He realized he was staring when Jane approached and called his name. “I apologize, Miss Bennet. I was momentarily struck dumb by the lovely picture you and your sister made on the swing. Would you like to walk around the outside of the garden?” he asked.

“I am more than happy to walk around, or through, any garden with you, sir,” Miss Bennet said shyly.

He smiled when she blushed and looked down. He noticed a loose curl and tucked it behind her ear and was thrilled when she leaned slightly into his touch. He put his pointer finger under her chin, tipped her head back up, and smiled gently.

“Please, never be embarrassed about showing affection for me,” he whispered, noticing her eyes were full of unshed tears. He offered his arm, covered her hand with his, and started walking.

“Miss Bennet, today is the one-year anniversary of Louisa’s death.”

“I remember, sir,” Miss Bennet answered softly.

“It is a bittersweet day for me,” he said absently. “I did care for Louisa and legitimately mourned her passing. However, I also feel like the next chapter of my life is beginning.”

They had reached the ornate stone bench just outside of the garden entrance. “Would you like to sit?”

When they were settled, he continued. “I cannot stress enough how much I owe William and Richard. I truly do not know what would have become of me had they not encouraged me to improve myself. Over the holiday season last year, my now brother-in-law taught me how the army keeps its troops in shape and well-conditioned. He was relentless and I think he recruited Miss Darcy to inform him if I skipped an exercise day.”

He smiled when Miss Bennet chuckled.

“That sounds like Mr. Fitzwilliam.”

“Yes, it does,” he smiled, then sighed. “Having him there to keep me accountable unquestionably assisted me in staying on track. I had been given a weight loss diet from my aunt’s cousin and Richard and the Pemberley cook both had ideas of ways to enhance my meals without deviating. Life at Pemberley was exactly what I needed. William rarely partakes of spirits and the environment was idyllic. I was able to properly mourn, without the drama that staying in London or going home to Whitemeadow would have caused, or the temptation to start drinking again. I think it was beneficial to concurrently work on improving myself emotionally and physically.”

“Georgie has told us a lot about Pemberley. I would like to visit someday,” Miss Bennet said.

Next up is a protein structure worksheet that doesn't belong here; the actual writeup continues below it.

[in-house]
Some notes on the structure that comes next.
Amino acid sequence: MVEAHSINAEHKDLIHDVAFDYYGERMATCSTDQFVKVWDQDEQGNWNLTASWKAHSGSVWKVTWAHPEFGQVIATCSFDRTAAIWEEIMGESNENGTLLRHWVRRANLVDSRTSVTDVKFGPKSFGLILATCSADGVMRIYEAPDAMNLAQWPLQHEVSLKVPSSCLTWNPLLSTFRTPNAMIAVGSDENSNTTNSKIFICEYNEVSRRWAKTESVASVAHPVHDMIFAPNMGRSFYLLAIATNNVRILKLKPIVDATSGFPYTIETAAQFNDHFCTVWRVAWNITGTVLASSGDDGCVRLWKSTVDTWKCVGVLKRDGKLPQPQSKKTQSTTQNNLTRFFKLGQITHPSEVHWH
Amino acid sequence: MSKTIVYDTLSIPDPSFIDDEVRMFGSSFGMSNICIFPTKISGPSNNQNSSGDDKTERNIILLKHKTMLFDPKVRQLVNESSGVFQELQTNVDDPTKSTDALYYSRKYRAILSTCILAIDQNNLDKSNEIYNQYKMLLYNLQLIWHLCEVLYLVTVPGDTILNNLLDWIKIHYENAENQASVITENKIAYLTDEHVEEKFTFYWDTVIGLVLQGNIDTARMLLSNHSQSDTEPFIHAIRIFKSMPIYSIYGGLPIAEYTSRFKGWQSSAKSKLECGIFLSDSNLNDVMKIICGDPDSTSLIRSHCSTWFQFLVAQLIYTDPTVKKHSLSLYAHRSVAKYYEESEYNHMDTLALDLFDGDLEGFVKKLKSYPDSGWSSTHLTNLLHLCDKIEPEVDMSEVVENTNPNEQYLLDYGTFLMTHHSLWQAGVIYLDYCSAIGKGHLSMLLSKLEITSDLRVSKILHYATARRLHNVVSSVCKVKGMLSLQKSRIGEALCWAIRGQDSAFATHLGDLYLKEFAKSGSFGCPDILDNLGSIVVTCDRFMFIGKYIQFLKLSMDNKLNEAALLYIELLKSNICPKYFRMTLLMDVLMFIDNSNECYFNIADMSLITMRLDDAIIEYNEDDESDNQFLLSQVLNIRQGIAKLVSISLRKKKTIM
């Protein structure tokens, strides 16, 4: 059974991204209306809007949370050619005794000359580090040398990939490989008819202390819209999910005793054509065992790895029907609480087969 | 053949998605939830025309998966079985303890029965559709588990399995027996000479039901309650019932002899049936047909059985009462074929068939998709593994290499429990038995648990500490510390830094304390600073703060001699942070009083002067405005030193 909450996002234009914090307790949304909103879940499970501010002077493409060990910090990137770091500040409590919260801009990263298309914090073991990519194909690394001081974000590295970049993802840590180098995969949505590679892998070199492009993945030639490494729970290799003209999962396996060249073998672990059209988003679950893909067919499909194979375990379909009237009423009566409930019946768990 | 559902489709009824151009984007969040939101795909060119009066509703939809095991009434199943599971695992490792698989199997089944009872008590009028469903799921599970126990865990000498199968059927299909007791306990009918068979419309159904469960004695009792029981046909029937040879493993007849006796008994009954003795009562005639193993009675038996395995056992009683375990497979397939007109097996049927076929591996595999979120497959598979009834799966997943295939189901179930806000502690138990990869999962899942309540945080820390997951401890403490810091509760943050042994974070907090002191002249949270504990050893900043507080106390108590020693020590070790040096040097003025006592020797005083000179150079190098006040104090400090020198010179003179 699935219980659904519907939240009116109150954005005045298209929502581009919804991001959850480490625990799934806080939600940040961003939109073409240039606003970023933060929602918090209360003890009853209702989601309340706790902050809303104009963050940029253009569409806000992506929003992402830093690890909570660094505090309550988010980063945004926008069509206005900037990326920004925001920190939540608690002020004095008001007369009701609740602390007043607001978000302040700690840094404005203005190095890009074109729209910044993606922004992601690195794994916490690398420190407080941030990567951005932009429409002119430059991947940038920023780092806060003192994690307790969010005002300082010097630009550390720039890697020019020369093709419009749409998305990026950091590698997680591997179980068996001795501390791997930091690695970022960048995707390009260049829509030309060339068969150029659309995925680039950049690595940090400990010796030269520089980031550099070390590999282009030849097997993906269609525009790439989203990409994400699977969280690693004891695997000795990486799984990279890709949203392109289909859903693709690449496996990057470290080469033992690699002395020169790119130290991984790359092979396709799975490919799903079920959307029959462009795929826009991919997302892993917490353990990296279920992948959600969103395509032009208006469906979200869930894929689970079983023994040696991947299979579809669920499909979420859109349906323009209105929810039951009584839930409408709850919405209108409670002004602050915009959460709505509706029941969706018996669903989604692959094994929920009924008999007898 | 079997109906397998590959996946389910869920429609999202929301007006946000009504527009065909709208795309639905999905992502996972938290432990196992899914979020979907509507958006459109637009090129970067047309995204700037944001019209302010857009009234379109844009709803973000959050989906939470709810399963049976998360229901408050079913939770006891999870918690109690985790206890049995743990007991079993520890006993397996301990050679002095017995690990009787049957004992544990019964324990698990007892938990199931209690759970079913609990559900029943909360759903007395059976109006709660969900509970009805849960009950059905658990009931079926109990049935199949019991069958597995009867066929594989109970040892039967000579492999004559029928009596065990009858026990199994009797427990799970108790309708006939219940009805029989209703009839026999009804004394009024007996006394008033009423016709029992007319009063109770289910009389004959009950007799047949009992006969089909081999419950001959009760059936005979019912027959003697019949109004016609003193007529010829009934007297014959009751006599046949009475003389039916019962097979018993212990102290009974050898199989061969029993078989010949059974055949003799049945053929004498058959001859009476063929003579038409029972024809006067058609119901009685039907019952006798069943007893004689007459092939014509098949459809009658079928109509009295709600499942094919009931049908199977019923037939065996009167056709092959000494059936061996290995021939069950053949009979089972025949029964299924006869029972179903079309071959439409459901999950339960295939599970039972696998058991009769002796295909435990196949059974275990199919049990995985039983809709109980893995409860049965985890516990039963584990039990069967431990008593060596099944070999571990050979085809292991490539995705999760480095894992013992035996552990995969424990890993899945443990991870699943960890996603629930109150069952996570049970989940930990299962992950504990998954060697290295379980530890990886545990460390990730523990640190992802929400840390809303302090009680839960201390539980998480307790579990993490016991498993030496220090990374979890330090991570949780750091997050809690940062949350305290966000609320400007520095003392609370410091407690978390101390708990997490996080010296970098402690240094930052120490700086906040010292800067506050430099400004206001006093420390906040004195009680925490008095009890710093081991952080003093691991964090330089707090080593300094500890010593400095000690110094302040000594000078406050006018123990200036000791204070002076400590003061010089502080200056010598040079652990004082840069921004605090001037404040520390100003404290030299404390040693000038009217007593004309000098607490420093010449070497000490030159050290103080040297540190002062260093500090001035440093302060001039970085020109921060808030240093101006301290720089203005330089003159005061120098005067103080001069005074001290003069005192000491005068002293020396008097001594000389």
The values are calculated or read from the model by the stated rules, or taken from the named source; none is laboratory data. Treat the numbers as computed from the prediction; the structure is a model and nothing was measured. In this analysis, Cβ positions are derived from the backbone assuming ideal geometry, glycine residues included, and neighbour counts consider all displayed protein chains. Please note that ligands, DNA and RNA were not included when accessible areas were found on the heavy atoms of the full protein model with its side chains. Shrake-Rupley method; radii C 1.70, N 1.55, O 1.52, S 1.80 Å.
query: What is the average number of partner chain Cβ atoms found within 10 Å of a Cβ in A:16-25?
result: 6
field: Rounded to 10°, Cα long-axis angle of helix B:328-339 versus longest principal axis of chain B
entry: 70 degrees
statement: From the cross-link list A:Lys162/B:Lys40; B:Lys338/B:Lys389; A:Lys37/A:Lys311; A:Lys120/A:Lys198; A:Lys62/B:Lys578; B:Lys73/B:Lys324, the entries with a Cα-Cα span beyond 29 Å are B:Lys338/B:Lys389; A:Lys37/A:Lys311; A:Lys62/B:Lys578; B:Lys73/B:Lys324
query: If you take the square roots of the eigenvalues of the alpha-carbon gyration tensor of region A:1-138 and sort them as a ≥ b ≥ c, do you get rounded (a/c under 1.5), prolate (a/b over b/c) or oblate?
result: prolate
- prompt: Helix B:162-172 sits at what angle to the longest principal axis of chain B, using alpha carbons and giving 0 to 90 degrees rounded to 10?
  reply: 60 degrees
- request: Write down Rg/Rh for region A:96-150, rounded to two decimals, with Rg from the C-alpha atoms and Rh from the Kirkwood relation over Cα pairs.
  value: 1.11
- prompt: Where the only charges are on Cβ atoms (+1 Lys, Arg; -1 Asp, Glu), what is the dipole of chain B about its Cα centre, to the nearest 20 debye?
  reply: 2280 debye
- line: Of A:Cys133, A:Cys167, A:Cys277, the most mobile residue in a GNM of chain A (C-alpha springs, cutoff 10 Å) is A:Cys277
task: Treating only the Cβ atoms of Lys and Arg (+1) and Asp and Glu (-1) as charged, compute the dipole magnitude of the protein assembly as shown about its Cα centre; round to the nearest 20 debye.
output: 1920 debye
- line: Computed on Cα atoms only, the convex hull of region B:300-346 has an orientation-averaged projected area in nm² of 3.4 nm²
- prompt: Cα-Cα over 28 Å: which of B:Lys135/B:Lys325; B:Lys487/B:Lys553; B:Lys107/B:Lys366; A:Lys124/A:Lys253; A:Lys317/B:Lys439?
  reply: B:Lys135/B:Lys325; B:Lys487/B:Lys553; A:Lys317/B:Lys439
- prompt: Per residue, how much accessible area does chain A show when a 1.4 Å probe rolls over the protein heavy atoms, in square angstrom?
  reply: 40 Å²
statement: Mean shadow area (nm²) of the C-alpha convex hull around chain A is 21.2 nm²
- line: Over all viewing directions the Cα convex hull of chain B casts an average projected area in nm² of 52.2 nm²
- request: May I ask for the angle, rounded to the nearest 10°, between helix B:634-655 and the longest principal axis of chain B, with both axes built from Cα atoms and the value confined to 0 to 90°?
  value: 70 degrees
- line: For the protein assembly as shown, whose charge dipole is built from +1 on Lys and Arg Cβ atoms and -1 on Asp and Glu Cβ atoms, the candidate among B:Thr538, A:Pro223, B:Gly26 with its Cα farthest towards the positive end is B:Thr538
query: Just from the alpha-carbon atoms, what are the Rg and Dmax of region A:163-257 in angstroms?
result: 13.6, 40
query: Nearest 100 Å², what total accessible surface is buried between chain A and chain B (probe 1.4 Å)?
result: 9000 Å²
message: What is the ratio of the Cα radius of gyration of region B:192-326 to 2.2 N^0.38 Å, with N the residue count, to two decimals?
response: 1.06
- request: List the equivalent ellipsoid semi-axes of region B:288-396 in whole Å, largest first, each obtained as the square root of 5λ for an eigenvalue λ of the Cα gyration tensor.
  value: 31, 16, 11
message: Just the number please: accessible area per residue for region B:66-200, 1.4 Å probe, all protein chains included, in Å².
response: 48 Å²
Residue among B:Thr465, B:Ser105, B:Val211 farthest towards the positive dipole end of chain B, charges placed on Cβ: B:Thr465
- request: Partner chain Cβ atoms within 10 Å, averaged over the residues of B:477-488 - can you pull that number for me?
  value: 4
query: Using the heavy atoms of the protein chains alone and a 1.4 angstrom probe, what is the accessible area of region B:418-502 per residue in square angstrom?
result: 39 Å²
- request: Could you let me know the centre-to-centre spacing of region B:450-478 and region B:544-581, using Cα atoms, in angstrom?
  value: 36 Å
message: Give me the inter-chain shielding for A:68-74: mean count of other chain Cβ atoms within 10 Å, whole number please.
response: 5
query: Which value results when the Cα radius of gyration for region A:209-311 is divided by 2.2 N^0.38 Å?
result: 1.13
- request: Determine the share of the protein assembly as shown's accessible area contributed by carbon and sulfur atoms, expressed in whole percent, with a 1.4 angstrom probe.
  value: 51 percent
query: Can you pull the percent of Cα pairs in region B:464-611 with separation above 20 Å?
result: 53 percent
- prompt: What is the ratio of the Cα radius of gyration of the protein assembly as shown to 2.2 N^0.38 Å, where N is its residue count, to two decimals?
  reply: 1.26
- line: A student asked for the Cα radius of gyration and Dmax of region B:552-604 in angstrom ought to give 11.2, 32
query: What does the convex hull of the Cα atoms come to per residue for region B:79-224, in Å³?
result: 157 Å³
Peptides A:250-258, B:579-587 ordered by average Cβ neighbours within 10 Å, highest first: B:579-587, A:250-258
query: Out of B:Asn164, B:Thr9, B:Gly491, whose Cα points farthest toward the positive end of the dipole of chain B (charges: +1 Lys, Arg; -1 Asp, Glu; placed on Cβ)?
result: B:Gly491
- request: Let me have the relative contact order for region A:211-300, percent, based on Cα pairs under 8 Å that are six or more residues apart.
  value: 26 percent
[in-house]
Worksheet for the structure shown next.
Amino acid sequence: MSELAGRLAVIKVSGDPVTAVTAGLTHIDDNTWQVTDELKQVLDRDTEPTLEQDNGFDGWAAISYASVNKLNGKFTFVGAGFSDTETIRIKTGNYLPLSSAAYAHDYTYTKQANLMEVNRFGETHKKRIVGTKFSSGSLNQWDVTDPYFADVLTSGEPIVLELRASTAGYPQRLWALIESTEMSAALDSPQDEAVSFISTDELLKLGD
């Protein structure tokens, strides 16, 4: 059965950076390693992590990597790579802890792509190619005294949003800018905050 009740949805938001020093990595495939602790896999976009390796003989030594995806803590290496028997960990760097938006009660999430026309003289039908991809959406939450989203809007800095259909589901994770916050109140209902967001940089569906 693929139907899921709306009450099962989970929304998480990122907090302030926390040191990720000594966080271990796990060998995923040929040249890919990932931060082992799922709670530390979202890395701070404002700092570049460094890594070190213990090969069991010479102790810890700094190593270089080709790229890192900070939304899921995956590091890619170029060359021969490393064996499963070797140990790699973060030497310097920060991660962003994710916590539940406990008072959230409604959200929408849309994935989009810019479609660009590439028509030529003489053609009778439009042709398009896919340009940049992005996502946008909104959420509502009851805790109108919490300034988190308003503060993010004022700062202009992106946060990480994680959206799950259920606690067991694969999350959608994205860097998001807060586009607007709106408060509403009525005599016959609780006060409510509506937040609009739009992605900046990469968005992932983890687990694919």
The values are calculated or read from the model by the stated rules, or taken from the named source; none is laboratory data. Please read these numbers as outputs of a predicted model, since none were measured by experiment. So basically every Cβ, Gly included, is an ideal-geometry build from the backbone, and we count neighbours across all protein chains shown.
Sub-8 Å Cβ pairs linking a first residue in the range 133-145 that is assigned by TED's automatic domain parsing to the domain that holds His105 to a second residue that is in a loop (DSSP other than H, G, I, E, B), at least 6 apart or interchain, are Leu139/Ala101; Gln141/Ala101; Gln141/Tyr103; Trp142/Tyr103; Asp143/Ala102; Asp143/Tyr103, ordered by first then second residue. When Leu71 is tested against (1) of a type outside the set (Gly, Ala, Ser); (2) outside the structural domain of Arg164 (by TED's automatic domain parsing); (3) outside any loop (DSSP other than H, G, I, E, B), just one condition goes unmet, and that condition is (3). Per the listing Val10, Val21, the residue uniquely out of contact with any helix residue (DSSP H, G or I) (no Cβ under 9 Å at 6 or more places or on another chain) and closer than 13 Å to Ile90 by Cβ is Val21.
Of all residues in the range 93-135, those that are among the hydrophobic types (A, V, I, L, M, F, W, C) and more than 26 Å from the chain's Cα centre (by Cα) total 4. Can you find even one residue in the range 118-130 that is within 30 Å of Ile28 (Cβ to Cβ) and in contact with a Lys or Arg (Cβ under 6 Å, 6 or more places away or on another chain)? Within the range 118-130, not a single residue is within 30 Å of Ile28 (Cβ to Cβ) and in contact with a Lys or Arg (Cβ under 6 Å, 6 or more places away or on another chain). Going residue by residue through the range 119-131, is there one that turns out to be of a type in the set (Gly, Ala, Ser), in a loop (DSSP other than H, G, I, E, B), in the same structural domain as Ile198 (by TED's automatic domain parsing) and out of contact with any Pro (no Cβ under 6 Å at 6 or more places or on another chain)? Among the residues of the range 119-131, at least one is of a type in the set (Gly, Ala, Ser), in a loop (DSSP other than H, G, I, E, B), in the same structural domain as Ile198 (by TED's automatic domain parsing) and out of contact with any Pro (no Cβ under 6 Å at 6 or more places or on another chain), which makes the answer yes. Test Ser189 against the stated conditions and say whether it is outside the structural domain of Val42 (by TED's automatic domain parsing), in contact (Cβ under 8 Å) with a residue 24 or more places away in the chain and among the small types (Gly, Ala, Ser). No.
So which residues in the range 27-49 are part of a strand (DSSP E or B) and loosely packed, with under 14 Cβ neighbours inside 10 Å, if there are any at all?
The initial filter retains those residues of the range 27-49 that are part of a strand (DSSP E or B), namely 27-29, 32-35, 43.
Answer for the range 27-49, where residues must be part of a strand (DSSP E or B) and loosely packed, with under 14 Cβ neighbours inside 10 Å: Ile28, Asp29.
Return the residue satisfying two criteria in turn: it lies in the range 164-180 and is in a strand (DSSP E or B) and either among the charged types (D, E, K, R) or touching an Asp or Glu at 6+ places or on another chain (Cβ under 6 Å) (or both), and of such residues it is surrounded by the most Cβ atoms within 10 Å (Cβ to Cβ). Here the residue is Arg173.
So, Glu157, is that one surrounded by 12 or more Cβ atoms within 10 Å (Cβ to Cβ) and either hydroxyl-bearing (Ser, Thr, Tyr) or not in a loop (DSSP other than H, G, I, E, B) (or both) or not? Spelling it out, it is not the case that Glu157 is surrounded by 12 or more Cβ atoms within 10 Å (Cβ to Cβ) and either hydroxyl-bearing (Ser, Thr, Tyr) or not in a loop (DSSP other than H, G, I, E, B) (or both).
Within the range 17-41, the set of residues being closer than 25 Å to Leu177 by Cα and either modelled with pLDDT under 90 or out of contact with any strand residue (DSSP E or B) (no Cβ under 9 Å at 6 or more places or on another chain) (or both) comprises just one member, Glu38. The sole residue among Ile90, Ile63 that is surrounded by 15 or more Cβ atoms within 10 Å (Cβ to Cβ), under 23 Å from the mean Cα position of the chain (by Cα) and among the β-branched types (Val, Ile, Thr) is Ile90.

He needed to move this conversation along and quit stalling. “I am sorry, I did not ask you to walk with me so I could rehash my recent history.”

“Mr. Hurst, I suspect today is an important step in your healing. I do not know from personal experience, but I have spoken to widows and they all told me the first anniversary is the worst. I would be concerned if you were not feeling nostalgic today,” Miss Bennet said gently.

“I appreciate your understanding,” he said with a sad smile. “As I said, I also feel like this is the beginning of my second life. Did I ever tell you that when you and Miss Mary stepped into the clearing on the day we met, I froze?”

“But it was such a nice day outside,” Miss Bennet said with a furrowed brow.

“Not literally. I was struck dumb at how exquisitely beautiful you were. What I noticed even more, was how scared you looked and that Anna had to pull you over to our group. I thought perhaps someone had hurt you,” he admitted quietly.

“I was... unsettled. My sister Lydia had just returned from Scotland and relayed a distressing story. My Aunt Jane helped me work through my concerns.”

“I am glad,” he said honestly, taking her hand in his. “When you picked Anna up and warned her to be cautious, I realized right then and there that you were the perfect woman for me.”

“You did?”

“How could I have thought anything else? With that one simple act, you stole my heart. Everything I learned after that, reinforced what I already suspected. You are as pure and lovely on the inside as you are on the outside. You are the one for me. I think about you all the time. I hope I did not confuse you by insisting on mourning for a full year.”

“Not at all, I understood.”

“Jane, I wish I could be more eloquent. If I cared for you less, I might be able to express myself better. I love you and cannot imagine my future without you as my wife and the mother of my children,” he said before he kneeled in front of her. “Will you make me the happiest of men and agree to marry me?”

Jane put her other hand on top of his and squeezed.

“Reginald, you hold a place in my heart that nobody else has managed to touch. I also think about you whenever we are apart and wonder how you would react to things I observe. I forced myself to think about you as Mr. Hurst instead of Reginald to ensure I did not slip up in public. Hearing what you went through with the Bingley’s, inspired me to be more vocal with my preferences. You mean everything to me. My answer, in one word, is yes.”